Most people who enjoy Chinese food have heard of bean sprouts. You can even buy them in a can at the store. But what many people don’t know is that you can actually grow a variety of raw bean sprouts and whole grain sprouts. The sprouting process softens the grains and beans, retains the nutrients better than boiling, and adds greens to a bean and grain dish without any extra money or ingredients.
Benefits of eating bean sprouts
Mung bean sprouts have gained popularity as a healthy, tasty ingredient in Chinese cuisine. Most canned bean sprouts contain preservatives and aren’t as fresh and nutritious as the raw version. Raw mung beans contain only 31 calories per cup, and are packed with vitamins C and K, iron, folate and fiber.
Really, all beans — sprouted or otherwise — are high in fiber and are highly nutritious and delicious. Other bean varieties that can be sprouted include chickpeas, lentils, black beans and adzuki beans.
Like mung beans, lentils are tiny and quick to cook. When sprouted, one cup of lentils packs only 82 calories and is high in fiber and protein without any dietary fat. For such a small bean, lentil sprouts are nutrient-dense, with folate, potassium, and vitamins A, B, C, and E.
Chickpeas are also receiving a lot of attention as more and more Americans begin to experiment with dishes, like roasted chickpeas and hummus. There are a surprising amount of chickpea varieties to sprout, including brown, black and beige in small or large sizes. Sprouted chickpeas are high in calcium, magnesium, phosphorus, potassium, folate and vitamin A.
Black bean sprouts are larger and thus need to be cooked before consuming. If eaten raw like other bean sprouts, black bean sprouts can be difficult to digest. They are also more difficult to sprout, but when they do, they produce beautiful purple sprouts. These sprouts contain calcium, iron, magnesium, potassium, phosphorus, niacin and vitamins A, B, C and E.
Adzuki bean sprouts retain their vibrant red color even when cooked. Adzuki beans resemble kidney beans in color and some have a spot similar to black-eyed peas. These sprouts contain all the essential amino acids except for tryptophan. They are also high in calcium, niacin, iron and vitamins A, B, C and E.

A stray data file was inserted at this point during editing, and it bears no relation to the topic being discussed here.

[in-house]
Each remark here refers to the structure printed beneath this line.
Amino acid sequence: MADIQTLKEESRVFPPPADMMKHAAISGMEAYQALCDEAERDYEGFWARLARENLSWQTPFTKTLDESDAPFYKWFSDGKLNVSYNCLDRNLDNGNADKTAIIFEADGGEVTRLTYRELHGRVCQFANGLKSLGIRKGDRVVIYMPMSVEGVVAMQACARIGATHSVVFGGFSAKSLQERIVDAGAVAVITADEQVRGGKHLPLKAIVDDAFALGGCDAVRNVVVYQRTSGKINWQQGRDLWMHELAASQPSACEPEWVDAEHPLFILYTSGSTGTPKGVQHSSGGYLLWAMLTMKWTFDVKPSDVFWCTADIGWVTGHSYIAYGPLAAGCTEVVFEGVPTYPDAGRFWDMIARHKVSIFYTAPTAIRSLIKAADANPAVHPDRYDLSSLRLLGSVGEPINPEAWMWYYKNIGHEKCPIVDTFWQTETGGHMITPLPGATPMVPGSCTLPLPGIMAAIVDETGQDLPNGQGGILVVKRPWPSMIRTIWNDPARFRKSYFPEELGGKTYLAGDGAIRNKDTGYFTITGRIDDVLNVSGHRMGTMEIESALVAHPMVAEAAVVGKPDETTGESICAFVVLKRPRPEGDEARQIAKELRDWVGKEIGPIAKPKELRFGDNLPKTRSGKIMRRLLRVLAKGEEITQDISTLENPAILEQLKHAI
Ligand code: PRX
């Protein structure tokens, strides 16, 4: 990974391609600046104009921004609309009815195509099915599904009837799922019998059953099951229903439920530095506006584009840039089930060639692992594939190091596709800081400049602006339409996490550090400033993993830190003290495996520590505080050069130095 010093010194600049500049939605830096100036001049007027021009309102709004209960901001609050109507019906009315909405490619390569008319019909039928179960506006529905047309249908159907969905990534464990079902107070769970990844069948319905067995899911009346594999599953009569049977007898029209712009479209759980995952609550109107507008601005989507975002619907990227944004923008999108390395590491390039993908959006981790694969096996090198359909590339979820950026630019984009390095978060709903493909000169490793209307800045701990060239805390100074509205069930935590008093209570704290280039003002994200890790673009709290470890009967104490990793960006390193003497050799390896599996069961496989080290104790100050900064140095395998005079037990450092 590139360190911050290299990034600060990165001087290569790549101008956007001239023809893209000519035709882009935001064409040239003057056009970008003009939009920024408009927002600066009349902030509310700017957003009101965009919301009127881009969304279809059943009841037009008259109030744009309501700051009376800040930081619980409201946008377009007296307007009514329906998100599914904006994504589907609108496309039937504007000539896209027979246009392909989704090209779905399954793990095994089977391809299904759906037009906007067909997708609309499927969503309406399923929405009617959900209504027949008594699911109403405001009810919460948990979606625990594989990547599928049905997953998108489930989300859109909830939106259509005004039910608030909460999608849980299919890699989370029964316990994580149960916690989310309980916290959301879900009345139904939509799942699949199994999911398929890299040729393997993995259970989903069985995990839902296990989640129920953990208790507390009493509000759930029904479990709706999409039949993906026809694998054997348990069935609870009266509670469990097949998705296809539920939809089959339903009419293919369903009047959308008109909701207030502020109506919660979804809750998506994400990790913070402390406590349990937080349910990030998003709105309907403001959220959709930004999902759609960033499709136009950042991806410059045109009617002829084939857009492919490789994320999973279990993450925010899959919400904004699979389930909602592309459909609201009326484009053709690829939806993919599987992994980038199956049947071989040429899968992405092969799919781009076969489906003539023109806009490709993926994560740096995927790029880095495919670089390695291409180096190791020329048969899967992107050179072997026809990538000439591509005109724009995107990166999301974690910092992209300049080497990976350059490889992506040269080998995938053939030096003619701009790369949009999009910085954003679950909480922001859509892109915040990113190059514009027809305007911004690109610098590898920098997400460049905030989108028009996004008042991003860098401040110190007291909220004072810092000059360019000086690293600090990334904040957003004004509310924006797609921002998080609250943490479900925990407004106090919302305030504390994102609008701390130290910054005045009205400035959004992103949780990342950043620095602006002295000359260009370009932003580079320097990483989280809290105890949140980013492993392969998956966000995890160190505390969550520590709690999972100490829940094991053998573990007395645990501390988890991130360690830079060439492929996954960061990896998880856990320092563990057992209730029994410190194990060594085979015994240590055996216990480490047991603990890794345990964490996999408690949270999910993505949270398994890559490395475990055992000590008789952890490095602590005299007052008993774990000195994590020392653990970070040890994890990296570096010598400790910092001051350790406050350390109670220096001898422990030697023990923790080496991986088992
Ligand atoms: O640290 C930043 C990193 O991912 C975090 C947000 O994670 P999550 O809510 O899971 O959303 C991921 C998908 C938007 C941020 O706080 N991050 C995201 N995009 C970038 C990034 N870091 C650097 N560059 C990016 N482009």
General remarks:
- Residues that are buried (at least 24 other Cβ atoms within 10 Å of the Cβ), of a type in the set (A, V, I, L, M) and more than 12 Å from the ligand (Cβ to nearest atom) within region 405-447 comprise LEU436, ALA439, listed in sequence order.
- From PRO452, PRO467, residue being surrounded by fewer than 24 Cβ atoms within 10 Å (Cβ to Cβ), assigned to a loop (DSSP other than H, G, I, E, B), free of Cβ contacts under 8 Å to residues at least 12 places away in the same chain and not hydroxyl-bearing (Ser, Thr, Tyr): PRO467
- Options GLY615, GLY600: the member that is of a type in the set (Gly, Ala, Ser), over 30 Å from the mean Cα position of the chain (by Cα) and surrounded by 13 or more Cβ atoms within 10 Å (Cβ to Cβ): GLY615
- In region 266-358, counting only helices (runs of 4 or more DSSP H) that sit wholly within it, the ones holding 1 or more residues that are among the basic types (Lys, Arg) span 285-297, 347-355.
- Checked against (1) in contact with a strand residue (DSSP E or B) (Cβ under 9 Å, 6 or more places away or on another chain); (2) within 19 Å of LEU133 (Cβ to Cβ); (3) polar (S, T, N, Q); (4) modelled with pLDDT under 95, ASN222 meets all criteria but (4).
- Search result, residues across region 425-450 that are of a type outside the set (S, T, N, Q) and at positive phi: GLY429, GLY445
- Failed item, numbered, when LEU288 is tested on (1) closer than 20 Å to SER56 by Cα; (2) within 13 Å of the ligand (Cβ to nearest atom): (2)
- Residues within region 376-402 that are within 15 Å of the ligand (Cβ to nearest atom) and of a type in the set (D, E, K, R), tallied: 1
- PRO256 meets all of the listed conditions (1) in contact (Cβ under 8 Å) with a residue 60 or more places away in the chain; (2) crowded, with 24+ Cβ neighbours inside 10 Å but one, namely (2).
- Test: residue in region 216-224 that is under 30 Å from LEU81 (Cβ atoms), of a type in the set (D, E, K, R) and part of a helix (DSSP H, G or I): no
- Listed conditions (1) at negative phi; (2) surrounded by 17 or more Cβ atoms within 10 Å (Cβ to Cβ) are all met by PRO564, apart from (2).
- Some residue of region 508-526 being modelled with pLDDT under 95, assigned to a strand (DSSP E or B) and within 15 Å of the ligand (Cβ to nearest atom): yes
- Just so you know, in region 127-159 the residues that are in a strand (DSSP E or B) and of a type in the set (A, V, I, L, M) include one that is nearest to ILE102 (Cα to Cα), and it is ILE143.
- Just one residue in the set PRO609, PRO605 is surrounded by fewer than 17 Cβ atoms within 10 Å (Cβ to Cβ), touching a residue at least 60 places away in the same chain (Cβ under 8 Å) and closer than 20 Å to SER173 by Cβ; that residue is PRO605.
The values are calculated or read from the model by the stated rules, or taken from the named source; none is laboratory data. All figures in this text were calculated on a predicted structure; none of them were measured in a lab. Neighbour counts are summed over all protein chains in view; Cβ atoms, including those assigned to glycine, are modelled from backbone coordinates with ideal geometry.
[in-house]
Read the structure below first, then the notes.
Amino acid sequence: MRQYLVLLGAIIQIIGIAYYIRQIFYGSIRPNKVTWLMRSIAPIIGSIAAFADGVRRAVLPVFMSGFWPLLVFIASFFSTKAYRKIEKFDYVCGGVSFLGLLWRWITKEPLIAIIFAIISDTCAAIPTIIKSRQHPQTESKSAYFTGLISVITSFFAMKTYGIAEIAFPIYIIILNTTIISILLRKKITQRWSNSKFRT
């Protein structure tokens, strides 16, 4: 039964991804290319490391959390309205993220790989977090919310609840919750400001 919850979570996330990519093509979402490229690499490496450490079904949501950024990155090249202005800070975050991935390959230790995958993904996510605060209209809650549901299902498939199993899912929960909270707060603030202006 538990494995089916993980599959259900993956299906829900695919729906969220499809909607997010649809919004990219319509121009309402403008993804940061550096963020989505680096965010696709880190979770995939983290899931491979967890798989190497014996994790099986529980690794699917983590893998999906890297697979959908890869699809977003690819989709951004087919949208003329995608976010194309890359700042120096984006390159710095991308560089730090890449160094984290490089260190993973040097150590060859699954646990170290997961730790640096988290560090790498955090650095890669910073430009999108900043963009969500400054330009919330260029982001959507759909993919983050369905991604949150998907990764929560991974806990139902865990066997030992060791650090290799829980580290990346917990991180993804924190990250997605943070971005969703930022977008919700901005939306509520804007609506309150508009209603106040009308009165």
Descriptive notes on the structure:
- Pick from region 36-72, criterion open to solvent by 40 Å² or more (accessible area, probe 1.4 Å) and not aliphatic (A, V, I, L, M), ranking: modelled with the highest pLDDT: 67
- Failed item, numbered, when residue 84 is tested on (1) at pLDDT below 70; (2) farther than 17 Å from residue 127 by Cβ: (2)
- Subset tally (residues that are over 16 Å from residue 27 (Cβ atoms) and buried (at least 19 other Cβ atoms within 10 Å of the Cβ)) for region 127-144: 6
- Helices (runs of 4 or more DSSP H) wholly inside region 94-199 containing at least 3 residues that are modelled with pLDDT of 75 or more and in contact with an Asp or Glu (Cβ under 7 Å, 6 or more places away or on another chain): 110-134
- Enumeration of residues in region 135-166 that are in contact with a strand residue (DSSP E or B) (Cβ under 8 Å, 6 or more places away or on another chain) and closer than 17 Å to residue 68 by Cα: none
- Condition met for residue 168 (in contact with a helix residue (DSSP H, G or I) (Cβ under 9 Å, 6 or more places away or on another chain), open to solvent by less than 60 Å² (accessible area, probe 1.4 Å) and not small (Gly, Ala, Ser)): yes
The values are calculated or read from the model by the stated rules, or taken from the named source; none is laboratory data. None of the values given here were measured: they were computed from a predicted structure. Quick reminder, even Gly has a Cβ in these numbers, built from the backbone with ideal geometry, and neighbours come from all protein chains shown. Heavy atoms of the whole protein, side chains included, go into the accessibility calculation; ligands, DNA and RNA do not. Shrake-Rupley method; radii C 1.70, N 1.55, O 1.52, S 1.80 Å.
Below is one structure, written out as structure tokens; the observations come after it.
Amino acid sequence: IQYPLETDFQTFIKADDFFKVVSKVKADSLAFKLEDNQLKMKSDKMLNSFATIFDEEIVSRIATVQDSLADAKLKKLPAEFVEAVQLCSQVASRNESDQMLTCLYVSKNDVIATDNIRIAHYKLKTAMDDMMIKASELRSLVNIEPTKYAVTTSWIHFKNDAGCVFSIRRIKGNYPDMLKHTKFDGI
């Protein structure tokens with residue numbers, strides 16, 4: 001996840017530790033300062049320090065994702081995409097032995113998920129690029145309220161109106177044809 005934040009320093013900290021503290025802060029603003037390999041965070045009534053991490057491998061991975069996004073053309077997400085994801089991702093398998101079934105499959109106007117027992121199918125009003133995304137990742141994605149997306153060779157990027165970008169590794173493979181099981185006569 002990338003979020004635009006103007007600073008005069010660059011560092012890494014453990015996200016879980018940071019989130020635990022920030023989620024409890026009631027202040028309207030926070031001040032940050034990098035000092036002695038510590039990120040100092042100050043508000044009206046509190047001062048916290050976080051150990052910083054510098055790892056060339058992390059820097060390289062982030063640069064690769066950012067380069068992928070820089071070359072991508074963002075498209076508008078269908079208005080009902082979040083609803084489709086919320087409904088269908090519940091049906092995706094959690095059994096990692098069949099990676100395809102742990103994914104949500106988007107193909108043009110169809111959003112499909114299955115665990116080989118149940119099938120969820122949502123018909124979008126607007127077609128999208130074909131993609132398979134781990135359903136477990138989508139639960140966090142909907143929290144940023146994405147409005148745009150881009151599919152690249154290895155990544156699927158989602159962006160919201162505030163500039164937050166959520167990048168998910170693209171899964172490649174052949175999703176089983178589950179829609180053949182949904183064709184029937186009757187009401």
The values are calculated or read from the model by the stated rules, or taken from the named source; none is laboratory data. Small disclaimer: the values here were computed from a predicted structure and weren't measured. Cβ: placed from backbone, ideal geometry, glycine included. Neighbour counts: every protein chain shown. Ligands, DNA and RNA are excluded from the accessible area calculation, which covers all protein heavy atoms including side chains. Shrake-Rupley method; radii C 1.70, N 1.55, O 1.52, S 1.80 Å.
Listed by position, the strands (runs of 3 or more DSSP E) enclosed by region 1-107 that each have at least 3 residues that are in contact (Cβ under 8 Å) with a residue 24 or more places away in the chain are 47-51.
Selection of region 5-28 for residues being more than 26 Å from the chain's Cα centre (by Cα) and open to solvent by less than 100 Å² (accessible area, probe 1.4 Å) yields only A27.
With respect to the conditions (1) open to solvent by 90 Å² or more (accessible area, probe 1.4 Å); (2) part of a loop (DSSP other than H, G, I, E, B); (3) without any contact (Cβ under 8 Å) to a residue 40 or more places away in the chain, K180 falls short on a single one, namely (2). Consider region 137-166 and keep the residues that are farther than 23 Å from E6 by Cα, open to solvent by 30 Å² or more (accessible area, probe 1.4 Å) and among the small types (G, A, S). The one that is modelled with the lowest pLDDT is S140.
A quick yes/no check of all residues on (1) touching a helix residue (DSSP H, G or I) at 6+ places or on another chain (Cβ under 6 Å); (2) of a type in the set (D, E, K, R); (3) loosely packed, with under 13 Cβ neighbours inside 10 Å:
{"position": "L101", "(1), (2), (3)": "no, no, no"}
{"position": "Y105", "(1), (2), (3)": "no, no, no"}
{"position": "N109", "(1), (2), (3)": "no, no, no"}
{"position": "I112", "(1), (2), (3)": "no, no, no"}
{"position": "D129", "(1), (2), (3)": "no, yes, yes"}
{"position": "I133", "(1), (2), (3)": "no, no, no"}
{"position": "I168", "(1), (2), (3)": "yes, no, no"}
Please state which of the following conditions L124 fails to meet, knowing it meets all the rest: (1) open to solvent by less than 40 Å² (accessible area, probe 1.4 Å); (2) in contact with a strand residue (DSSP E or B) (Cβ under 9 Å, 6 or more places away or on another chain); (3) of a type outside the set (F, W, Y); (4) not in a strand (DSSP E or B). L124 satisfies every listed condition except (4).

Perks of sprouting whole grains
Just as with beans and legumes, when you sprout whole grains, they plump up and release a tail-like sprout. I specify “whole grains” because the germ and bran must be intact for the grain to sprout. Husked, milled, pearled or rolled grains will not work. Amaranth, buckwheat, quinoa, rice, kamut, millet and oats can all be sprouted.
Like with bean sprouts, you can expect the texture to be more prominent in raw sprouts and the cooking time to decrease for pre-cooked sprouts. According to US News and World Report, sprouted grain breads are easier to digest for those who feel bloated after eating conventional breads. Sprouted grains are lower in starch and contain more protein, vitamins and minerals when compared with their unsprouted equivalents.
A 2009 report published by Phytotherapy Research shows that sprouted buckwheat can help lower blood pressure. Buckwheat sprouts have also been shown to be effective in suppressing a fatty liver in mice that were on a high-fat diet.
Kamut is a long, chewy grain that when sprouted contains pantothenic acid, calcium, iron, phosphorus, magnesium and vitamins B, C and E. Whole oat sprouts resemble kamut more than traditional rolled or steel-cut oats. Oat sprouts have the same vitamins and minerals as kamut, but also contain potassium and niacin. However, oat sprouts cannot be eaten raw.